Something has shifted. He was your ally, collaborator and confidante, but now, not so much. You let him get in too close, and you want to pull back, reclaiming your autonomy. You’re done asking “what should we do?” Now you’re asking, “what should I do?” and especially “what should I do about telling him?”
He sees you pulling back and doesn't approve.. He takes your growing distrust as evidence that your judgment is off. "You don't trust me, but trust me, you should trust me," he seems to say. He used to be so persuasive but now his attempts to convince you backfire. The more he tries to get you to trust him the less you do.
It can happen in all sorts of relationships, with a wife or husband, lover, parent, child, colleague, friend, neighbor, teacher, therapist, spiritual guide. You used to want the closeness; now you want not to terminate contact but just create some distance.
It would be easier if you could extricate yourself entirely, painful at first, like bikini waxing, but ultimately cleaner. But you can’t, shouldn’t or don’t really want to extricate yourself entirely. You’re not burning a bridge but narrowing it. You just want your autonomy back, and you can’t figure out whether to tell him or not, and if so, what to tell him.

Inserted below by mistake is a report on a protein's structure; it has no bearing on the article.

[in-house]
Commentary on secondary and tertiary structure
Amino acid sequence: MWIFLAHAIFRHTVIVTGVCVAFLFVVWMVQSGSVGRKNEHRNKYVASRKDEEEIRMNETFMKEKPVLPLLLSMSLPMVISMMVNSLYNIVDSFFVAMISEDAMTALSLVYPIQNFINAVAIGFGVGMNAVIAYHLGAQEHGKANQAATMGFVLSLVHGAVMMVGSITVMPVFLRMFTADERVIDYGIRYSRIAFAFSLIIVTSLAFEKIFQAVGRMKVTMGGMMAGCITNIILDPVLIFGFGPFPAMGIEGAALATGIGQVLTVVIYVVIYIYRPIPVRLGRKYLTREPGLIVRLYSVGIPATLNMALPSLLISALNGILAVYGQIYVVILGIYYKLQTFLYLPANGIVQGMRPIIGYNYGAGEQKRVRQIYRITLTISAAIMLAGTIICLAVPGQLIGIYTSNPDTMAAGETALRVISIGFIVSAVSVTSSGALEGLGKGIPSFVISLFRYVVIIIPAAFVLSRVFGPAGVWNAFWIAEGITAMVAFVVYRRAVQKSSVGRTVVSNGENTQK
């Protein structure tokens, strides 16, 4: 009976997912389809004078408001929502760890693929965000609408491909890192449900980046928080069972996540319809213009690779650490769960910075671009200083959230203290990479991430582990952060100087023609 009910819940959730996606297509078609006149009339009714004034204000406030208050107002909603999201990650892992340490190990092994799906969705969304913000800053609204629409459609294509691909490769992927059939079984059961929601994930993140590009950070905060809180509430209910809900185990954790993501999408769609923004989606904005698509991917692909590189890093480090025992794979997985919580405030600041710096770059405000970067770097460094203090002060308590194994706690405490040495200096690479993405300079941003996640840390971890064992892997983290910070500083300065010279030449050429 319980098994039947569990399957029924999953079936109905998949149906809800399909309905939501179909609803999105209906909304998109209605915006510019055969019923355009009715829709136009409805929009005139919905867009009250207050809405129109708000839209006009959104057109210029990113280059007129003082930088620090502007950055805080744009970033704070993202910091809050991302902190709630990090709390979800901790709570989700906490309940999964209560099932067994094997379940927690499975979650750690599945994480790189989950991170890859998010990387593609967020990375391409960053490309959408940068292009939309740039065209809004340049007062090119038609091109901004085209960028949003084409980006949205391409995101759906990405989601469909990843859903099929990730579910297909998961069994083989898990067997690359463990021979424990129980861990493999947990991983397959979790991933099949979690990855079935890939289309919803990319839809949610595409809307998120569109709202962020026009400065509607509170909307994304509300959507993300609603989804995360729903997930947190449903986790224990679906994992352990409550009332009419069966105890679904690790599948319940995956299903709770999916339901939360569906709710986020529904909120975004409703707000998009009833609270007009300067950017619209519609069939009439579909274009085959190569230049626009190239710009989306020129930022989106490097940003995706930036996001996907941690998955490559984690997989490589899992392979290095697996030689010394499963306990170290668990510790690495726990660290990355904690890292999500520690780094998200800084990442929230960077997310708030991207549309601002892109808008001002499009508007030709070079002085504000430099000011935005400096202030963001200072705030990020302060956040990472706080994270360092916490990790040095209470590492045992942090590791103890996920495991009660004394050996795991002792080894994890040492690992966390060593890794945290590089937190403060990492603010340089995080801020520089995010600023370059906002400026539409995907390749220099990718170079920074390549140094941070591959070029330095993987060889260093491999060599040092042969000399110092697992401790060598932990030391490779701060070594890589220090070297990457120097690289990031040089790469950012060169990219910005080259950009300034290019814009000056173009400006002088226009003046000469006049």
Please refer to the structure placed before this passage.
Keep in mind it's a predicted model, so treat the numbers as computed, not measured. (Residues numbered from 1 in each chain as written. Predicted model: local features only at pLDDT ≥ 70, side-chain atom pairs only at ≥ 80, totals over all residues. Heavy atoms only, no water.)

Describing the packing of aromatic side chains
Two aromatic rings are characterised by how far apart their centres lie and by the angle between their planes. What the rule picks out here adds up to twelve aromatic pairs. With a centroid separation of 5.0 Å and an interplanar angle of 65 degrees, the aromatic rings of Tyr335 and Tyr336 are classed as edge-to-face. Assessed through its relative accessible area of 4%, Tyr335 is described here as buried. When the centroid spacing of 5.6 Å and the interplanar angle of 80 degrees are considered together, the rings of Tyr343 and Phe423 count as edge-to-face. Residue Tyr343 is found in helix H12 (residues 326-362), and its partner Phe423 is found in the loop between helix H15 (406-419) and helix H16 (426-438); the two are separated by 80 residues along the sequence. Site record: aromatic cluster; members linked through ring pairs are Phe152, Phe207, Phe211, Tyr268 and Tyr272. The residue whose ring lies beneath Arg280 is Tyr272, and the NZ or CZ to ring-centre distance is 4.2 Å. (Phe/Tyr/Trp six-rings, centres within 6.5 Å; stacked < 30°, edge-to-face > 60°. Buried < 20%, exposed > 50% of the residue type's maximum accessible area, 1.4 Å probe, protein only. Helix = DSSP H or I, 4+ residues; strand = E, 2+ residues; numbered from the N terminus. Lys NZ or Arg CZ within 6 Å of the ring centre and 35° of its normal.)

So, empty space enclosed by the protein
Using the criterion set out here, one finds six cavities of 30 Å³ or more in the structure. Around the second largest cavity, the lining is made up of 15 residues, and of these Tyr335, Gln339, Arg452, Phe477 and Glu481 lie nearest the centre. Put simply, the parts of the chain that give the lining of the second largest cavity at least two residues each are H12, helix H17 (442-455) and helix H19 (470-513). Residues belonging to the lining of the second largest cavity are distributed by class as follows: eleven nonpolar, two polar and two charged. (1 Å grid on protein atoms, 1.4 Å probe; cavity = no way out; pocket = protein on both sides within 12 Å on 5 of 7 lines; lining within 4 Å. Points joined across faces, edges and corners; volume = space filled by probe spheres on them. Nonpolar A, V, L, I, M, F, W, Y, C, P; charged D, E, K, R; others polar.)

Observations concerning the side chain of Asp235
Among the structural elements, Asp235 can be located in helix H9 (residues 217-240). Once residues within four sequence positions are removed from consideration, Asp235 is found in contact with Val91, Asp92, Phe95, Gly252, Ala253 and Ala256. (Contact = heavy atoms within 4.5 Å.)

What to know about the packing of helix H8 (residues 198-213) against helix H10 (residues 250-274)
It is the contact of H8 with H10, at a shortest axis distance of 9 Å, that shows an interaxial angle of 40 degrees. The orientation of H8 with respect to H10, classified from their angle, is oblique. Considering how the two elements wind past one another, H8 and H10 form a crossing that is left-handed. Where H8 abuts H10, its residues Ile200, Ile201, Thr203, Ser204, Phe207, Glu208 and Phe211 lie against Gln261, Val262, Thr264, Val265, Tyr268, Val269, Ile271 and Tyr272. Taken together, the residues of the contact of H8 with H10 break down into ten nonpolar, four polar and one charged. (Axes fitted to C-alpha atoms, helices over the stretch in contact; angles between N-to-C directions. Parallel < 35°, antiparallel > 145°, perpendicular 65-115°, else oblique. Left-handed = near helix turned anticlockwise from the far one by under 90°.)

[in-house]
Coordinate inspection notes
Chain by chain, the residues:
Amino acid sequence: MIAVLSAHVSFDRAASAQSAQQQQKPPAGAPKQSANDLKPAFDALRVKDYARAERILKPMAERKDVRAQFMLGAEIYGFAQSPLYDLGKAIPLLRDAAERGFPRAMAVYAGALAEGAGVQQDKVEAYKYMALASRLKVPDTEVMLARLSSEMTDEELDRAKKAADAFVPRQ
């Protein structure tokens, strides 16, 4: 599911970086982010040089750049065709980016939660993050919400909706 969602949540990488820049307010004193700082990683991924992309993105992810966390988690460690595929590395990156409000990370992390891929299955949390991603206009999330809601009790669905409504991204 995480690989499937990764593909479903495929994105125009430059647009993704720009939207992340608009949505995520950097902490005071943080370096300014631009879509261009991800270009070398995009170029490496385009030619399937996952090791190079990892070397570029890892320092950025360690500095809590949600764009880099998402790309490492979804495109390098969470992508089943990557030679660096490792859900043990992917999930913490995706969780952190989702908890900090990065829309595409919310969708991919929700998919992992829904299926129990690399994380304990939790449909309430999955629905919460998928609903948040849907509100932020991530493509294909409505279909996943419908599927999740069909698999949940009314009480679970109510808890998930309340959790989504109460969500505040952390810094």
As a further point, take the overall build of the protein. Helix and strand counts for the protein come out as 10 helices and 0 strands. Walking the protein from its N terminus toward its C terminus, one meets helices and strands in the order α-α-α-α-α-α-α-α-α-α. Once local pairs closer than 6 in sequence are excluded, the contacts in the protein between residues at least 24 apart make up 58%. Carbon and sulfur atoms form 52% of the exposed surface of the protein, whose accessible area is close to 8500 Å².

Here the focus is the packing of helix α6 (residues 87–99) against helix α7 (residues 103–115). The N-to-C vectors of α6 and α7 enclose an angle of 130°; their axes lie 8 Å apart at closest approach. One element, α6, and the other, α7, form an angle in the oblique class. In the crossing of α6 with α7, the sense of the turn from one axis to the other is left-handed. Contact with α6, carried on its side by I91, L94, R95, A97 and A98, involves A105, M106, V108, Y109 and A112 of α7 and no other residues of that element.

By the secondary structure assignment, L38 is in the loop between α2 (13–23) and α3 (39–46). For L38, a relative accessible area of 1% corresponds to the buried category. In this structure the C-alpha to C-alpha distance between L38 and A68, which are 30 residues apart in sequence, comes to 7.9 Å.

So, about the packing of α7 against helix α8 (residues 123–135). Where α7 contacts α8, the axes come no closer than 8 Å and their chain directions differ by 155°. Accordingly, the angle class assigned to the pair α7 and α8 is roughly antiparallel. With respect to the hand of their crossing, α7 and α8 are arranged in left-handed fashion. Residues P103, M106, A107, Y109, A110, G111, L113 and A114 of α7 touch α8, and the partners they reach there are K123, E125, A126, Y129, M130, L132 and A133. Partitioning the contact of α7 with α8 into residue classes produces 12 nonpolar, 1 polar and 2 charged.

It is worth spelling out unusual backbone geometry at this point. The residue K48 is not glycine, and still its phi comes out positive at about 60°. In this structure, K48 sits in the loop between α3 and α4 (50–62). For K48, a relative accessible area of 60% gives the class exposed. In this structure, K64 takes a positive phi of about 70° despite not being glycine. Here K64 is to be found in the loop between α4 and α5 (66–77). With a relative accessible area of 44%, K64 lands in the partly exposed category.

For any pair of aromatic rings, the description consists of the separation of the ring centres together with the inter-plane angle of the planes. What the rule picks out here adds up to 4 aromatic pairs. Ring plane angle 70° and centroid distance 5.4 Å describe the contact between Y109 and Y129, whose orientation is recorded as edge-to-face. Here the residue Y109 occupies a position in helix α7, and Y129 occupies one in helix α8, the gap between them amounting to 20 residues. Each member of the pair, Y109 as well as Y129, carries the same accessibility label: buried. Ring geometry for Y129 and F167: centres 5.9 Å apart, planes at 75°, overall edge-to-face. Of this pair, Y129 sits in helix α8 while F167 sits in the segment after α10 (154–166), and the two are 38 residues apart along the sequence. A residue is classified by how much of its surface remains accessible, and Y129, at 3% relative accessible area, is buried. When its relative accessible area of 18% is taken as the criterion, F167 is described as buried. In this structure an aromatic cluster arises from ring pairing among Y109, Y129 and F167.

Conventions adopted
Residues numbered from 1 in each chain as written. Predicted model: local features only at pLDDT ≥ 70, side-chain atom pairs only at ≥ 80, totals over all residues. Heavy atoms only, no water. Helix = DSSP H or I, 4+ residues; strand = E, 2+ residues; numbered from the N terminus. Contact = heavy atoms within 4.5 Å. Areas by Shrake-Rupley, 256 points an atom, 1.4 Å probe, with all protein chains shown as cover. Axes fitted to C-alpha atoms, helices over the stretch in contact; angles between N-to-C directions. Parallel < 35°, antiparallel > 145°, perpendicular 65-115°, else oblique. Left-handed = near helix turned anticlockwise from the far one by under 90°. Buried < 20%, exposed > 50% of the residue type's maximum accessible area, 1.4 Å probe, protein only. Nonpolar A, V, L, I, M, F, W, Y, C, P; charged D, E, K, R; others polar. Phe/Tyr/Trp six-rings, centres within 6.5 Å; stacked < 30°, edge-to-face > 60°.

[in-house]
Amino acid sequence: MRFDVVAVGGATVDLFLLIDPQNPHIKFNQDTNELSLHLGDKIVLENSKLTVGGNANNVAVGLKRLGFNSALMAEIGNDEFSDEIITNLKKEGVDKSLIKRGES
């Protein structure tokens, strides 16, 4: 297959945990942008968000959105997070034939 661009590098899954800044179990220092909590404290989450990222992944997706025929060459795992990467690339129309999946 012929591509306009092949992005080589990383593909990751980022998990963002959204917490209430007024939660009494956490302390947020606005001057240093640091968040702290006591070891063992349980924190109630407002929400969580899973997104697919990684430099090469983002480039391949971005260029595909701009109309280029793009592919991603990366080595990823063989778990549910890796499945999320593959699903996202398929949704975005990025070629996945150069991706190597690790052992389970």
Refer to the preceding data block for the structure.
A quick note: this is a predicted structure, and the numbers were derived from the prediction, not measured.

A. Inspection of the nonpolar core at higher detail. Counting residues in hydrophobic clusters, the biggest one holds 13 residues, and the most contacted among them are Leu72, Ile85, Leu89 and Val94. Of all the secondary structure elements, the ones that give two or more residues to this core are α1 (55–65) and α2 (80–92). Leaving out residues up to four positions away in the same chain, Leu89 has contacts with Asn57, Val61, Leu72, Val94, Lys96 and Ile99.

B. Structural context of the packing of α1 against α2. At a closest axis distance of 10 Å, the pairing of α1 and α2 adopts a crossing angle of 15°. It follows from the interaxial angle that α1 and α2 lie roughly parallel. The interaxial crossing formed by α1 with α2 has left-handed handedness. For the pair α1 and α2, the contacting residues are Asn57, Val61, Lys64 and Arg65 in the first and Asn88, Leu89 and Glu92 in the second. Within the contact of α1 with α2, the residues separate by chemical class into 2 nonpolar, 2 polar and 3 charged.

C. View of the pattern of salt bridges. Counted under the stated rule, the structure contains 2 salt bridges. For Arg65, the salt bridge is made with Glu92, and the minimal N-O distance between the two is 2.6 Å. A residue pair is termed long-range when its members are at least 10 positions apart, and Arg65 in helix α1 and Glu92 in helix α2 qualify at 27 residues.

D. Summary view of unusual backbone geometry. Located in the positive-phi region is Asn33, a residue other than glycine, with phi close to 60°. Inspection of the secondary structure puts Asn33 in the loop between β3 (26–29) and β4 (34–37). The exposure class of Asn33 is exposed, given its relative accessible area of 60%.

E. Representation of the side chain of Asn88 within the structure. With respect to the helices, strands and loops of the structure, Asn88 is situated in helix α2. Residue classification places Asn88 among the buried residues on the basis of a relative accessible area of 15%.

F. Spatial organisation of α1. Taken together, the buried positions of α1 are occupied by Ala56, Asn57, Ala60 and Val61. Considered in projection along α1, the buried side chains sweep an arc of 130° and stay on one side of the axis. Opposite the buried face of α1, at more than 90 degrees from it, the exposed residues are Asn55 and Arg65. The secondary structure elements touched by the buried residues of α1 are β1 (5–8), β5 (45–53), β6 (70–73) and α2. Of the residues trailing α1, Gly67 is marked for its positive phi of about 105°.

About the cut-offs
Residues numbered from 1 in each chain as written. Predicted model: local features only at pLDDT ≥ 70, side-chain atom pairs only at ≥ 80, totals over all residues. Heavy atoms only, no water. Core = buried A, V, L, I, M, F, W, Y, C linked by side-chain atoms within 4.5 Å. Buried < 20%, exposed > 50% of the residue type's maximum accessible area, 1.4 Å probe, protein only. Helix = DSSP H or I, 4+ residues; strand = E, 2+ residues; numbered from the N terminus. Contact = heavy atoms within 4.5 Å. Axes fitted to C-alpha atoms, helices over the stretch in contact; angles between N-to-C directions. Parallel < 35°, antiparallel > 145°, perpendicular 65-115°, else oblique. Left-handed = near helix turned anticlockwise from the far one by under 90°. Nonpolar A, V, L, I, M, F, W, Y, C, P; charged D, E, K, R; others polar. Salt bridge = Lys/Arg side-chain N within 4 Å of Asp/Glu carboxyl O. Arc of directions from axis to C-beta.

Because of course he’s going to want to turn it into a big discussion, as if you’re still deciding things together like you used to. “Let me help you with your decision about whether I should help you with decisions,” he’ll imply, trying to draw you right back in. You don’t want that conversation.
So maybe it’s best to say nothing and just behave differently.
But if you do that, he’ll hound you with the questions that were fair game back when you were collaborators. And you’ll be forced to answer them. Then he’ll be all over you with added challenges about why you didn’t tell him. “Why didn’t you consult me about deciding not to consult me?!” And he’s right. With all you’ve been through together it would be cold. You’re not trying to punish him, just to recover your autonomy.
So maybe it’s best to declare your shift to autonomy but not explain why you’re shifting.
Of course, he’ll demand an explanation. He’ll say “No really, I would benefit from your feedback.” And then what? You can’t just sit there icy silent. Announcing that you’re re-establishing independence without giving reasons is just too awkward. It would make any further contact unsustainable.
So maybe you’ll just have to explain why you’re pulling back but let it turn into an open discussion.
Again, very awkward. He’s bound to respond to your explanation.
OK so maybe that’s it. Explain why you’re pulling back, hear his reaction, but say nothing in response. And then what? He’ll just keep hounding you, the opposite of what you want. You want less involvement, but you’ll end up with more.
According to reliable statistics I’ve just made up, the inherent awkwardness of pulling back from intimate collaboration accounts for 87% of all collaborations endured past their expiration date, and a full 83% of all awkward silences.
There is no clean easy way to transition to greater distance. Here, nonetheless are twelve tips worth keeping in mind.